On 24 February 1949, reporting on the first conference of the European Movement which is due to be held the following day in Brussels, the Belgian Socialist daily newspaper Le Peuple sets out the objectives of the conference and describes the development of the pro-European organisations that founded the Movement.
In this memorandum dated 24 October 1948, the International Committee of the Movements for European Unity sets out the proposed structure and organisation of a European Union which, the following day in Brussels, will adopt the name ‘European Movement’.
On 25 February 1949, commenting on the opening, the same day in Brussels, of the first Congress of the European Movement, the Luxembourg daily newspaper Tageblatt identifies the issues involved in the meeting and paints a picture of the main pro-European organisations.
From 25 to 28 February 1949, in Brussels, the International Council of the European Movement holds its inaugural session, during which European activists call, in particular, for the adoption of a European Charter of Human Rights and adopt the statute for a European Court. In the centre: Winston Churchill, former British Prime Minister; seated: Paul-Henri Spaak, Belgian Foreign Minister.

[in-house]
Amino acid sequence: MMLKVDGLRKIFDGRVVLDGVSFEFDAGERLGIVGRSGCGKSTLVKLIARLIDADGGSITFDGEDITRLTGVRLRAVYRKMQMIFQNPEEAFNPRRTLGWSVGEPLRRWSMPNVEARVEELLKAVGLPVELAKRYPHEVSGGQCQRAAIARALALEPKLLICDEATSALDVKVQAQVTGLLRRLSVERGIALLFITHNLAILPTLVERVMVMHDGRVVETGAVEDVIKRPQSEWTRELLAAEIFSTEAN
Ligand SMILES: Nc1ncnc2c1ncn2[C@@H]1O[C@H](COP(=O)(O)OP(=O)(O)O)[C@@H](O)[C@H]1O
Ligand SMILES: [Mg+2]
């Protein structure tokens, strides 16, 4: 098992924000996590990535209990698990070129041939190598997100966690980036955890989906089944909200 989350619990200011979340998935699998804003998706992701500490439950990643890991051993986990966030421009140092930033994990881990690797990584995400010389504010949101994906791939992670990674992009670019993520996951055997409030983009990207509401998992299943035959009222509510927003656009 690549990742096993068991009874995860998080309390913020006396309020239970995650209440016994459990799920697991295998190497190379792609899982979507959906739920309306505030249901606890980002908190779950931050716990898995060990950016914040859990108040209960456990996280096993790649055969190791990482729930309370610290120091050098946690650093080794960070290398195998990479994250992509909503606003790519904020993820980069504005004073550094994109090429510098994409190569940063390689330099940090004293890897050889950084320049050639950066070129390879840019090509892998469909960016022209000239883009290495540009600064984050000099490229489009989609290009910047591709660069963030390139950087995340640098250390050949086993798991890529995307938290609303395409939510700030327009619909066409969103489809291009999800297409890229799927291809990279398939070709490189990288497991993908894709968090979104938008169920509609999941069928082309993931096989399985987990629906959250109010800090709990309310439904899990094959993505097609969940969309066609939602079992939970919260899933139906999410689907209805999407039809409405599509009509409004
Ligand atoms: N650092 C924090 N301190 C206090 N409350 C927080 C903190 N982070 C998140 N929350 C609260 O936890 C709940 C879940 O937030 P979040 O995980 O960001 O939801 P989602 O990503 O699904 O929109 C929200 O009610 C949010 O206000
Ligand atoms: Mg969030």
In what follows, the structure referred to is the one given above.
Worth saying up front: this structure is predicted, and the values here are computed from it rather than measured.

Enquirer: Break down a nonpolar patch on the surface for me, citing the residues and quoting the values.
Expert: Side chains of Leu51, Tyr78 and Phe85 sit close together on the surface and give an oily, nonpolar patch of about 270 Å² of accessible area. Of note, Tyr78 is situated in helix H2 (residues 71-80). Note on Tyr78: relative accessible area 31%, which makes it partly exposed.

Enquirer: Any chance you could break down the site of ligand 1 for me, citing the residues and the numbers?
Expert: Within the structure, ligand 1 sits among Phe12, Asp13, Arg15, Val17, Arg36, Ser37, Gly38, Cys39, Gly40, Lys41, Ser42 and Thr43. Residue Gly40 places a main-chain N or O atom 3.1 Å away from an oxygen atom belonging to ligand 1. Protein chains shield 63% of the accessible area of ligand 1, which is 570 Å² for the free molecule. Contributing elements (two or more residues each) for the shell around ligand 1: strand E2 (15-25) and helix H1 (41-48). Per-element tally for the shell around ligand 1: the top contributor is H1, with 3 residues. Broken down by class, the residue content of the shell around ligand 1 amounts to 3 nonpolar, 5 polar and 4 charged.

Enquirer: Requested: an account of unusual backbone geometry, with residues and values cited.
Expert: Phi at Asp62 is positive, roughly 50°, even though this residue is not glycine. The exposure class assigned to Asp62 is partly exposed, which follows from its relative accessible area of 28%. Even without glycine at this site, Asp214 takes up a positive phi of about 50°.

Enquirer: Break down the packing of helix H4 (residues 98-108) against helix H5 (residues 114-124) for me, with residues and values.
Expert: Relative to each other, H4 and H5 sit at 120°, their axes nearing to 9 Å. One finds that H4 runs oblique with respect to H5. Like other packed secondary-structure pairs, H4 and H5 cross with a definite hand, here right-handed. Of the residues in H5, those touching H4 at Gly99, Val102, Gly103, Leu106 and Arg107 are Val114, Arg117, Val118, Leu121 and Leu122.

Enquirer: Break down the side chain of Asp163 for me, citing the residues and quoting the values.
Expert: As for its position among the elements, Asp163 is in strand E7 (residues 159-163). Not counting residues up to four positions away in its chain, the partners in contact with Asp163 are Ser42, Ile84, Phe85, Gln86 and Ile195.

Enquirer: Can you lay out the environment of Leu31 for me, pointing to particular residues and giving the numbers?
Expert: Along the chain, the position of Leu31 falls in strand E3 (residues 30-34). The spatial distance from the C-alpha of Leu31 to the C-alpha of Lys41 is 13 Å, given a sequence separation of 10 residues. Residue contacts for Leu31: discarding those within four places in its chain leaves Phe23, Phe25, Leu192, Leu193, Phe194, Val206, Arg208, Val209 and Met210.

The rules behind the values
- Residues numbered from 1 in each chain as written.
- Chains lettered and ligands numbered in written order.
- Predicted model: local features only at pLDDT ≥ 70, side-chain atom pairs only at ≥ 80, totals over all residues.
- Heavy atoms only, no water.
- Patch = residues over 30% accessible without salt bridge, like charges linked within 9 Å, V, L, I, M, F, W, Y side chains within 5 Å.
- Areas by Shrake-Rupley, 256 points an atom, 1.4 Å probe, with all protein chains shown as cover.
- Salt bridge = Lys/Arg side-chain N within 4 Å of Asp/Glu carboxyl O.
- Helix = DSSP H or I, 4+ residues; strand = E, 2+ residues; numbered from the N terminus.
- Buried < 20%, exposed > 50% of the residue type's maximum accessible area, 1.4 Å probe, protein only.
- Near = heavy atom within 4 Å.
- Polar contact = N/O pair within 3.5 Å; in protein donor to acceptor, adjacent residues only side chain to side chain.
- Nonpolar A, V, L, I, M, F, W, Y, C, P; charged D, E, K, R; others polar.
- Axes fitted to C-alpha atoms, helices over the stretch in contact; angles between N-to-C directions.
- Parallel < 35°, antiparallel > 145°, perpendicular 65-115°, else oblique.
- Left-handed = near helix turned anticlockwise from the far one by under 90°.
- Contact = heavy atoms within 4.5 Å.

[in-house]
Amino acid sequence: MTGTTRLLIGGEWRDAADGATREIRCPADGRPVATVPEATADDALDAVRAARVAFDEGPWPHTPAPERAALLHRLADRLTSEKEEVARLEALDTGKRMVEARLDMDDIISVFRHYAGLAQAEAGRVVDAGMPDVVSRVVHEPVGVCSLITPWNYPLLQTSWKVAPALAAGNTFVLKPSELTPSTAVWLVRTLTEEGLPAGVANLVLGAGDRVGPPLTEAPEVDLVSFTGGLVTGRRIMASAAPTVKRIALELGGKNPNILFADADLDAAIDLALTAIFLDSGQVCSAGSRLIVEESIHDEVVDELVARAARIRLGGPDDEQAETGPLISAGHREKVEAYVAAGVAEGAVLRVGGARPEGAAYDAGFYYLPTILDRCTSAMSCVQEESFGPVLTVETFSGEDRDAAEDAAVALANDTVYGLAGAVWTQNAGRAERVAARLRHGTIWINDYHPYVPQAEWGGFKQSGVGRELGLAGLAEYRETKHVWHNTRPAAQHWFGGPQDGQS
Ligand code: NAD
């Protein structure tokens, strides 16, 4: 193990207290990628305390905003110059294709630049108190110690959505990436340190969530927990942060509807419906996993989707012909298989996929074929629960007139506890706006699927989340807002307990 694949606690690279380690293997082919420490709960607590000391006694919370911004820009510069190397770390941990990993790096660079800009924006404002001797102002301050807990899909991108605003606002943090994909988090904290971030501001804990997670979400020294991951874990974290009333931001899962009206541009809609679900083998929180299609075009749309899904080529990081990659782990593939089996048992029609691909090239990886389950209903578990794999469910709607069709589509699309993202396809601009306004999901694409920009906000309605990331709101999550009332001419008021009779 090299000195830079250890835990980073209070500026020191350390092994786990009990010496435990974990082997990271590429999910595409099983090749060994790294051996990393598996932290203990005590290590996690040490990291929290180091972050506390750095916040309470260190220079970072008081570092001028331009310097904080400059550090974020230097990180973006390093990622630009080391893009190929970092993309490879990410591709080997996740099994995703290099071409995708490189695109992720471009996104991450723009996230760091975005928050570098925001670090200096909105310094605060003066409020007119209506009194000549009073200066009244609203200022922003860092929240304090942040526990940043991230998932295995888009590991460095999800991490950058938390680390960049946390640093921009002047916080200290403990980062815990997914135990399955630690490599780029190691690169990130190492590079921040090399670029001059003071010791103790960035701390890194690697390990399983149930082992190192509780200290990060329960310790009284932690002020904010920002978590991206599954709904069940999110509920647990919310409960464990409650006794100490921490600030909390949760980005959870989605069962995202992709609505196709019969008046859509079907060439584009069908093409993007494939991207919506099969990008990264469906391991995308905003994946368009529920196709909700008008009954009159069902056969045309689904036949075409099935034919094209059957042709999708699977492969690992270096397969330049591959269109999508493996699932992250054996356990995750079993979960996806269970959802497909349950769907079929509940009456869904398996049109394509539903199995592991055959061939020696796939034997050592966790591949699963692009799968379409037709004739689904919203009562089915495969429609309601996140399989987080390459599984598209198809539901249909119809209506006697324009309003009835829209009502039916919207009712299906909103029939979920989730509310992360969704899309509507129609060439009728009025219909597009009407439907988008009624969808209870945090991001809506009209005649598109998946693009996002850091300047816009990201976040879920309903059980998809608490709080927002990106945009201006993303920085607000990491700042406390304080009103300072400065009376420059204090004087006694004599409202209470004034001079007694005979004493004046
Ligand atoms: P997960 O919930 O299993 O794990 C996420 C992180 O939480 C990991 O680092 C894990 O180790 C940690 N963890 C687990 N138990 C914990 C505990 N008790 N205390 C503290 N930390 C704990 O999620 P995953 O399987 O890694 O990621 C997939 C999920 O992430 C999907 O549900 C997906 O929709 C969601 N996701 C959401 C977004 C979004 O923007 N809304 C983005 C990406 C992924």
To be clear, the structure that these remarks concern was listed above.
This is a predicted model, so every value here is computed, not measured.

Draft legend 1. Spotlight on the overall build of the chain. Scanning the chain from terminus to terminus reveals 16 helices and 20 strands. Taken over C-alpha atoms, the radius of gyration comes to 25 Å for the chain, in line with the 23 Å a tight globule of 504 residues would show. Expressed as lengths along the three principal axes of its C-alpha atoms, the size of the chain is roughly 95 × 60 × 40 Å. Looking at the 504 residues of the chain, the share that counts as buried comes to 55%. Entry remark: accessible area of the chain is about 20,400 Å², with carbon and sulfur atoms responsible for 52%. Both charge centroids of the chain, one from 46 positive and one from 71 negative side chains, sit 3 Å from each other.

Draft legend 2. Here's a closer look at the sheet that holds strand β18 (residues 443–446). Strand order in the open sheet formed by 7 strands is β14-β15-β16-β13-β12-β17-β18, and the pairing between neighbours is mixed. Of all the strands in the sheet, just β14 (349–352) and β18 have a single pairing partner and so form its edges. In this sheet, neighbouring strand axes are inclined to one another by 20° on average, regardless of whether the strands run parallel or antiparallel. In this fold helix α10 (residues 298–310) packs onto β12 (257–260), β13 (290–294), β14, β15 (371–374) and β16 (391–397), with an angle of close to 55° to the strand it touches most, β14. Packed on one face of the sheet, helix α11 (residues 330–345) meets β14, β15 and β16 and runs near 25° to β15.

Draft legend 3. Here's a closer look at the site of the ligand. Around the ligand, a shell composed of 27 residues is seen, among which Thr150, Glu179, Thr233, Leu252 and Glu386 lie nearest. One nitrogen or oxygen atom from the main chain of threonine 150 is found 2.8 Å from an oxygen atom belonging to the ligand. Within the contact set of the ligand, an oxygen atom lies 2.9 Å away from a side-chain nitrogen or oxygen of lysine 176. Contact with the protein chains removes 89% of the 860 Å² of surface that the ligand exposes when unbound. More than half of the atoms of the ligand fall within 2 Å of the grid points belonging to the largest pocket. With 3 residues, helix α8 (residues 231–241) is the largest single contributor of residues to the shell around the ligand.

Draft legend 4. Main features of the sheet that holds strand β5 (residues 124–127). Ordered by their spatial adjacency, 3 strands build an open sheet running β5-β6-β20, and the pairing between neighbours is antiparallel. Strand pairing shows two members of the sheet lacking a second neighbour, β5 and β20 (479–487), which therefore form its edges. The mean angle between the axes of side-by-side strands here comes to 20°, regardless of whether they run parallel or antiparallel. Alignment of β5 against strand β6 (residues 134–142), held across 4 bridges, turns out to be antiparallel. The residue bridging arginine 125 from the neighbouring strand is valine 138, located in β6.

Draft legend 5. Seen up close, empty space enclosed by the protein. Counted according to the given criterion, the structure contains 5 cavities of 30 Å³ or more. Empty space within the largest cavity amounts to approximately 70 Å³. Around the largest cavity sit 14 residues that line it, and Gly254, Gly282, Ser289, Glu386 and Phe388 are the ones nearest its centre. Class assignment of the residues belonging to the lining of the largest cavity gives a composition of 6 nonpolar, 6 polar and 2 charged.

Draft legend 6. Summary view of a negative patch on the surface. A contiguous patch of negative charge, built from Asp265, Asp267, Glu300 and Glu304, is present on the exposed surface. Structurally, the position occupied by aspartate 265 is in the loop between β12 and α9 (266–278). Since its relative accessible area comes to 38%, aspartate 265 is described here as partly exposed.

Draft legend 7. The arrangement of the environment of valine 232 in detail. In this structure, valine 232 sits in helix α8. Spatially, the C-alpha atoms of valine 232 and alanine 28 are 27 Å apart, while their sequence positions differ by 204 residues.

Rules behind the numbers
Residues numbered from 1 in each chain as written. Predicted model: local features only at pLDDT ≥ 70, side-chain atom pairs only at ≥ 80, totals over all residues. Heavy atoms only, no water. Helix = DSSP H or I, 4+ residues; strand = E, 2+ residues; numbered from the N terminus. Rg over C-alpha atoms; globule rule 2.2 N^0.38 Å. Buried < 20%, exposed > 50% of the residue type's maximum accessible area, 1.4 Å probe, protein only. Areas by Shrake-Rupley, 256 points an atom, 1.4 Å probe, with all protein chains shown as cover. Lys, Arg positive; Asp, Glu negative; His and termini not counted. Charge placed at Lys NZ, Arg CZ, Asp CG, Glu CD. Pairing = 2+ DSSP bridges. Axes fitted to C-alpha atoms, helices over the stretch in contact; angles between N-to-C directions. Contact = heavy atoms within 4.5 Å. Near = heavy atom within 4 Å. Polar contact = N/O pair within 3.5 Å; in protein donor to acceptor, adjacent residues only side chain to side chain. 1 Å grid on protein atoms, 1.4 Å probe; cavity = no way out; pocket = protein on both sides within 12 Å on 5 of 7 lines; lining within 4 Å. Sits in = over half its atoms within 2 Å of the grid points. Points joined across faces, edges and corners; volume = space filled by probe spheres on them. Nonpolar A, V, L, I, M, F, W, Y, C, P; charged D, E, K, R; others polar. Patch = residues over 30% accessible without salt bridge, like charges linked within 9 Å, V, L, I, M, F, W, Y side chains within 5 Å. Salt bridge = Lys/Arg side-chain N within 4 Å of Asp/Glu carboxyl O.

In summer 1948, several eminent figures who participated in the Congress of Europe held in The Hague in the May decide to establish a ‘French Movement for the United States of Europe’ and devise a strategy in order to publicise it at local level. By immediately becoming a member of the French Council for a United Europe, this new non-political body automatically becomes part of the European Movement.
From 25 to 28 February 1949, in Brussels, the International Council of the European Movement holds its inaugural session, at the conclusion of which it adopts a Proposal for the establishment of a European Court of Human Rights.
On 26 February 1949, the Luxembourg Communist daily newspaper Zeitung vum Lëtzeburger Vollek criticises the opening of the first Congress of the European Movement in Brussels the previous day, and harshly criticises its main supporters.